where 0 was the angle of incidence of the light. The


measurement of the angles was performed by the precise
goniometer, and the error in the velocity value typically
did not exceeded 0.1 % (approximately 4 m/s), except
special cases of several points where the error grew up to
10 m/s.

SAW velocity measurement techniques


The surface acoustic waves were excited by
interdigital transducers which were deposited on areas
protected from the proton exchange. The transducers with
a grating period 30 m and 60 m were used and they
could operate at their fundamental and higher harmonics,
thus covering the range of frequencies from 60 to about
400 MHz. The input transducer was fed by r.f. pulses of
about 1 s duration, and the propagating of the SAW was
monitored by the probe beam from He Ne laser with the
wavelength 0.6328 m. The angle 2 between +1 and -1

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ISSN 1392-2114 ULTRAGARSAS, Nr.1(29). 1998.

Pure sample
In order to check the experimental set-up, the
measurements were carried out in non-exchanged sample.
Results of our measurements are compared with the
literature data [2] in the Table 1.

Velocity, m/s

3900

Table 1. SAW velocity, m/s


Propagation direction

Our data

Literature data

ZX

3796

3798

ZY

3897

3903

ZY

3800

S7

3700

S2
3600

S1

S3

S4
S5

3500

3400
0

Dependencies on kd
The reason for the SAW dispersion observed is the
existence of the layer at the sample surface which has
acoustic properties different from those of the bulk of the
sample. The term acoustic properties means the set of
physical parameters which describe the SAW propagation

Velocity, m/s

ZX

Table 2 Characteristic parameters of the samples

3700

Sample

S7
S2
S1
S3

S4
3500

3400
3300
0

100

200

300

400

in a layered structure. Namely, these are:

tensor of elastic constants, cijkl;

mass density, r.
In piezoelectric materials, tensor of piezoelectric
constants, eijk, tensor of dielectric permitivities, eij, must be
included, though the influence of these terms seems to be
much weaker.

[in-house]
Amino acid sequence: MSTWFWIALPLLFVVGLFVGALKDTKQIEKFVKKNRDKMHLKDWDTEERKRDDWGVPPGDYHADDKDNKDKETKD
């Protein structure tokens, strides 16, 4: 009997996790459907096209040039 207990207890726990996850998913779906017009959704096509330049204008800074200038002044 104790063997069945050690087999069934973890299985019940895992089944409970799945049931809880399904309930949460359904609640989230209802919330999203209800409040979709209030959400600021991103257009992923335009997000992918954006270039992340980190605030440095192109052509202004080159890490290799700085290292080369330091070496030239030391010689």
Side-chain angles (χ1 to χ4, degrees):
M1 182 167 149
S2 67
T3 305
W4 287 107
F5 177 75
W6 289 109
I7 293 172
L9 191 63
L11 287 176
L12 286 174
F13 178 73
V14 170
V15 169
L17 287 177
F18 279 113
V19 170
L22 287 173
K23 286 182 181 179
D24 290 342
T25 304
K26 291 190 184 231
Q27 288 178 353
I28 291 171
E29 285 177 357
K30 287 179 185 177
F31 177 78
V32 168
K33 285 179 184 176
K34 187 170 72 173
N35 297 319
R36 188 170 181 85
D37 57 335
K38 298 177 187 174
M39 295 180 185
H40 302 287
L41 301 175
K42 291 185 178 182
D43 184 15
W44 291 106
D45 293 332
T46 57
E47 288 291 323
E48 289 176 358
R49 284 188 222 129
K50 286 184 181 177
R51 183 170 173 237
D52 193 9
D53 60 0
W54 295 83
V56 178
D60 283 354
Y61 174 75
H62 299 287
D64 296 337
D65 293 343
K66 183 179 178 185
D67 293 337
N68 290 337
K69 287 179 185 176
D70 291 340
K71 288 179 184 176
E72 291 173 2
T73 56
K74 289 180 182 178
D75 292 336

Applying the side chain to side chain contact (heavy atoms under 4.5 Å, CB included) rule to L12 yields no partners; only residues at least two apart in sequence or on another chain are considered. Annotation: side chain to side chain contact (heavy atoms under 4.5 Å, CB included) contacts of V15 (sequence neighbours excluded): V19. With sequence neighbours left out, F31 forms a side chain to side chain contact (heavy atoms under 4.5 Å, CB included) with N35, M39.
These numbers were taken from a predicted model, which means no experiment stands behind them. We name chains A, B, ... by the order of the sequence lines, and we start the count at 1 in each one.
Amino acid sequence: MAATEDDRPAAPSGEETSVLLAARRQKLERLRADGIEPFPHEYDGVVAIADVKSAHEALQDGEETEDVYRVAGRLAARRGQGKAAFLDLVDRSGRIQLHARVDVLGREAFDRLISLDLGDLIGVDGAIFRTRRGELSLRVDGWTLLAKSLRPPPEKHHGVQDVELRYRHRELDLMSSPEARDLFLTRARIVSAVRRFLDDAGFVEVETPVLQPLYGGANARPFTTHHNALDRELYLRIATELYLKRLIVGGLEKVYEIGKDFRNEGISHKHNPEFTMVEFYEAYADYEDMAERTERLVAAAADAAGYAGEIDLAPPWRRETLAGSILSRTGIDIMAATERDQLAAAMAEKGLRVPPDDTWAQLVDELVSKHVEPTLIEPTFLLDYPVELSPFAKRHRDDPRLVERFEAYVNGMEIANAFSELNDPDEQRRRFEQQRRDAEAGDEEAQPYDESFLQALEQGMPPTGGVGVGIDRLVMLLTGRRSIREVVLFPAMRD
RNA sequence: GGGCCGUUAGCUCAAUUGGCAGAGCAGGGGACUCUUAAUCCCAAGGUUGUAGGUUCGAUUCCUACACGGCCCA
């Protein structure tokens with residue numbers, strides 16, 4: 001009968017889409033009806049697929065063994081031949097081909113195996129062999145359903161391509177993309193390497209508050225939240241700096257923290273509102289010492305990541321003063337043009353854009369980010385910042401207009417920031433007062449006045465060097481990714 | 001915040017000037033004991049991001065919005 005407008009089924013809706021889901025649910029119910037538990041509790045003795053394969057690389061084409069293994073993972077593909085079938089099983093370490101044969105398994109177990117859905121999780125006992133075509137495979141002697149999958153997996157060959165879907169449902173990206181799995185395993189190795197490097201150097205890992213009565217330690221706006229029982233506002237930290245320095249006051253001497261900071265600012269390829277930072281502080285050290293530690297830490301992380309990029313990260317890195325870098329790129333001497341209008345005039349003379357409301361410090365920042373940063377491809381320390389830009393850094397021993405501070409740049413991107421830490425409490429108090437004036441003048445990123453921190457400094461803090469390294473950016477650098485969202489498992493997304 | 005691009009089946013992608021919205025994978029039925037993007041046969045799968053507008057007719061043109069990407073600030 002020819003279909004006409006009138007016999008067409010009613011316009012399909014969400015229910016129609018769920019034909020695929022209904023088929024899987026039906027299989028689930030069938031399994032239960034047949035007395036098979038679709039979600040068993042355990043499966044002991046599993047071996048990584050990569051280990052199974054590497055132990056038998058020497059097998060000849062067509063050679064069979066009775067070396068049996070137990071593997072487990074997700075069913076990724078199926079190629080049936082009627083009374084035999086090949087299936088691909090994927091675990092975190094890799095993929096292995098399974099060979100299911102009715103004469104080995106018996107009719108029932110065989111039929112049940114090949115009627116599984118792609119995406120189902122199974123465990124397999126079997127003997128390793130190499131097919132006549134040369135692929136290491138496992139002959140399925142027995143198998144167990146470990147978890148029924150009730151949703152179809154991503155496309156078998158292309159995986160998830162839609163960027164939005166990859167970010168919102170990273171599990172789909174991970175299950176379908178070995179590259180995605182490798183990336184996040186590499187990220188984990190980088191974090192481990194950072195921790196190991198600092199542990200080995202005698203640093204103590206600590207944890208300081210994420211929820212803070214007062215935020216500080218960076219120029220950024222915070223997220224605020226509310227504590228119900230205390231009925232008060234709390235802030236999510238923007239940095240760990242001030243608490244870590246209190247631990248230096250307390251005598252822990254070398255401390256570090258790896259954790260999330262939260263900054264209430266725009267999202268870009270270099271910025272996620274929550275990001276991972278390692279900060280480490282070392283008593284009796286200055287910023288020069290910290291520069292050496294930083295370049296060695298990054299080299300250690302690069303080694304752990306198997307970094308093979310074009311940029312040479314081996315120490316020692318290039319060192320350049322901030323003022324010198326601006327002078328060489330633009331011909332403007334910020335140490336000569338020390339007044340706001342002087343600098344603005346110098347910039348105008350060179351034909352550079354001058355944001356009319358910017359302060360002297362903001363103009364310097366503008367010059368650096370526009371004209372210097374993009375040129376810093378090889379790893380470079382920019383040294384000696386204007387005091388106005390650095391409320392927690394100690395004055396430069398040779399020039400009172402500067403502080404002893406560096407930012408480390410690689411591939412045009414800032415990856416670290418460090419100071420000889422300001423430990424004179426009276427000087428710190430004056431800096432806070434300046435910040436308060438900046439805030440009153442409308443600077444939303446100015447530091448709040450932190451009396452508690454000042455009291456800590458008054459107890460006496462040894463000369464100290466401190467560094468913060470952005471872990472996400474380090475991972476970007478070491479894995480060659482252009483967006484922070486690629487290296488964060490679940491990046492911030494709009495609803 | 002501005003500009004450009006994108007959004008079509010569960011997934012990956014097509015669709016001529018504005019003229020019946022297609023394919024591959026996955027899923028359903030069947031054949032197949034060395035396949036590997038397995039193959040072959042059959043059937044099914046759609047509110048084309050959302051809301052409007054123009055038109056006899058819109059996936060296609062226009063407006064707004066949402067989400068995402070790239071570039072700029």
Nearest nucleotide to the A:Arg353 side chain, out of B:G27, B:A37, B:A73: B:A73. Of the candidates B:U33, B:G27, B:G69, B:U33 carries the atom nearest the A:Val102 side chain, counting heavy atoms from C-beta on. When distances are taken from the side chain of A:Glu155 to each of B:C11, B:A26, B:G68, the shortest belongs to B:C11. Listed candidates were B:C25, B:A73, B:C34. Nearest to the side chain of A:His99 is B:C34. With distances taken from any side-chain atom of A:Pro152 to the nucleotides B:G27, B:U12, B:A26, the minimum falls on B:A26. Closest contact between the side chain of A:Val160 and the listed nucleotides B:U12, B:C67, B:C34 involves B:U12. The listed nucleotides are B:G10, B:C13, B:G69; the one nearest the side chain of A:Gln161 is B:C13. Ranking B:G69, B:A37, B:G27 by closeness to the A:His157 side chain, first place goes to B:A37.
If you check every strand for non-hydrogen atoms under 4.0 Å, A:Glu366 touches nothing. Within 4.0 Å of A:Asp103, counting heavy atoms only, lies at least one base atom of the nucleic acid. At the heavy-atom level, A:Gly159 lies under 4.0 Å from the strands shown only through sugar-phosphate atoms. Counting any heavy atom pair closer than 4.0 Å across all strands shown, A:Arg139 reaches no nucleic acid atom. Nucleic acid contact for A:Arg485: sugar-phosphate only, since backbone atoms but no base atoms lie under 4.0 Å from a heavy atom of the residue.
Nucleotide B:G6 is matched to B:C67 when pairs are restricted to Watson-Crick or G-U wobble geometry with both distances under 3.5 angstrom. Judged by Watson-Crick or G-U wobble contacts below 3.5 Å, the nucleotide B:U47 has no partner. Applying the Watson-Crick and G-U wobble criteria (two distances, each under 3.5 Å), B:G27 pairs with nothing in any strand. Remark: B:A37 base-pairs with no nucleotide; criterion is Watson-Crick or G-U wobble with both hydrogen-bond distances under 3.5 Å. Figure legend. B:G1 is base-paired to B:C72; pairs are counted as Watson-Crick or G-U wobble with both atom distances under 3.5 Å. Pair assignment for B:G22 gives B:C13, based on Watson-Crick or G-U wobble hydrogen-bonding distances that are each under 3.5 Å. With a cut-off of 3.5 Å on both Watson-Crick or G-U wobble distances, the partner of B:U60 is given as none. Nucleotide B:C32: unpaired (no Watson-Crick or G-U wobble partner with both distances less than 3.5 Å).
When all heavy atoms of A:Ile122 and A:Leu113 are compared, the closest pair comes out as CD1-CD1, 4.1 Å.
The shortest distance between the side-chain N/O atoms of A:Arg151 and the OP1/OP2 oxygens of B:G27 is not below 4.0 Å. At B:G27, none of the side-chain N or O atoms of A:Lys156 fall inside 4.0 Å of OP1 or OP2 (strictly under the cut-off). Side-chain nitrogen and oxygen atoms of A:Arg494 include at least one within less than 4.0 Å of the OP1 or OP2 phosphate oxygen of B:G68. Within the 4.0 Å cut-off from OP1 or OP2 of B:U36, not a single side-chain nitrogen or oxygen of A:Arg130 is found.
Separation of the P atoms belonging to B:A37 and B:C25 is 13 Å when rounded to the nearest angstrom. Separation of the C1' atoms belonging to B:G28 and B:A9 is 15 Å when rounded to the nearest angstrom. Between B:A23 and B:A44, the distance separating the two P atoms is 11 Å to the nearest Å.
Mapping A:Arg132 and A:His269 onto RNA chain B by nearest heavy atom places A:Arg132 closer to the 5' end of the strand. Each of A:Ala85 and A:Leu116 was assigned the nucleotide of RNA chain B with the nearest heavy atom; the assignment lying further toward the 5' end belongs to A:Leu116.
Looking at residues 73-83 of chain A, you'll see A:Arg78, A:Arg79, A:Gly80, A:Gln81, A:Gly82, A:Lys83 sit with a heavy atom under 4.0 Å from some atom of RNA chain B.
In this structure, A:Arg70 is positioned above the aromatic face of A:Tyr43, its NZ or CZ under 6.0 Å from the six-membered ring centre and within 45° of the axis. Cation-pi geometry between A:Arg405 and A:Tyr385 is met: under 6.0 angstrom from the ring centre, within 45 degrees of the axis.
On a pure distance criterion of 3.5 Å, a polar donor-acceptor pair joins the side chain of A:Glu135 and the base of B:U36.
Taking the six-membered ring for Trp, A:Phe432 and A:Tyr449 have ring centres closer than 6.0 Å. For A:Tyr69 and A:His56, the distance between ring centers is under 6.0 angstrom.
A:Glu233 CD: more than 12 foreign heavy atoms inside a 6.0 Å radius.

It should be pointed out that we do not know a priori
if our layers are acoustically homogenous, consist of
several sub-layers, or their acoustic properties are
continuously varying depth functions. Moreover, we do
not know what are the real profiles of hydrogen and other
atoms concentrations which are the cause of the change in
acoustic properties. All we possess are the profiles of
refractive indices, and let us consider our results on this
basis.
In the samples S1, S3, S4, S5 the index profiles are
close to step-like function, and, in contrary, they are far
from this form in the samples S2, S7. Nevertheless, in
order to compare the results obtained in different samples,
a common parameter should be defined. Let us define the
effective layer thickness as follows: it is the thickness of
the step which has the height equal to the refractive index
value at the very surface ns, and the area equal to the area
of real profile. It is evident that such a definition is a good
approximation for the samples S1, S3, S4, S5, and it serves
only as a rough approximation for S2, S7. The effective
layer thicknesses thus obtained are listed below in Table 2.

The dependencies of SAW velocity upon frequency on


the surfaces subjected to the proton exchange are
presented in Figs. 3 and 4 for SAW propagation along X
and Y crystallographic axes, respectively.
In accordance with the previous studies [3,4], the well
expressed dispersion is observed. The velocity decreases
with the frequency both for the X and Y directions. At
f 0 , the SAW velocity tends to its value in pure
LiNbO3 . At highest frequencies, about 400 MHz, no
saturation is attained since the SAW energy is still
distributed between a layer and a substrate. The acoustic
wavelength (and the characteristic penetration depth) at
400 MHz is of the order of 10 m whereas the thickness of
the thickest proton exchange layer is about 5 m.

S5

300

Fig. 4. SAW velocity vs frequency in PE Z-cut LiNbO3 for Y


propagation direction.

Velocity in PE samples

3600

200

Frequency, MHz

Values taken from [2] present the results of


calculations performed using the elastic, piezoelectric and
dielectric constants of the LiNbO3 crystal independently
determined by other authors. Our experimentally measured
values are in a good agreement with them.

3800

100

S1

S2

S3

S4

S5

S7

Effective layer
thickness d, m

1.85

2.85

2.14

5.43

4.29

2.89

Change in surface refractive


index, nS

0.12

0.093

0.12

0.12

0.15

0.056

Using the layer thicknesses thus obtained we were


able to normalise the experimental results shown in Fig. 3
and 4 with respect to common parameter kd, where k is the
acoustic wavenumber. The dependencies of the relative

400

Frequency, MHz
Fig. 3. SAW velocity vs frequency in PE Z-cut LiNbO3 for X
propagation direction.

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ISSN 1392-2114 ULTRAGARSAS, Nr.1(29). 1998.


velocity change V / V upon kd are shown both for Y and
X directions in Fig. 5 and Fig. 6, respectively.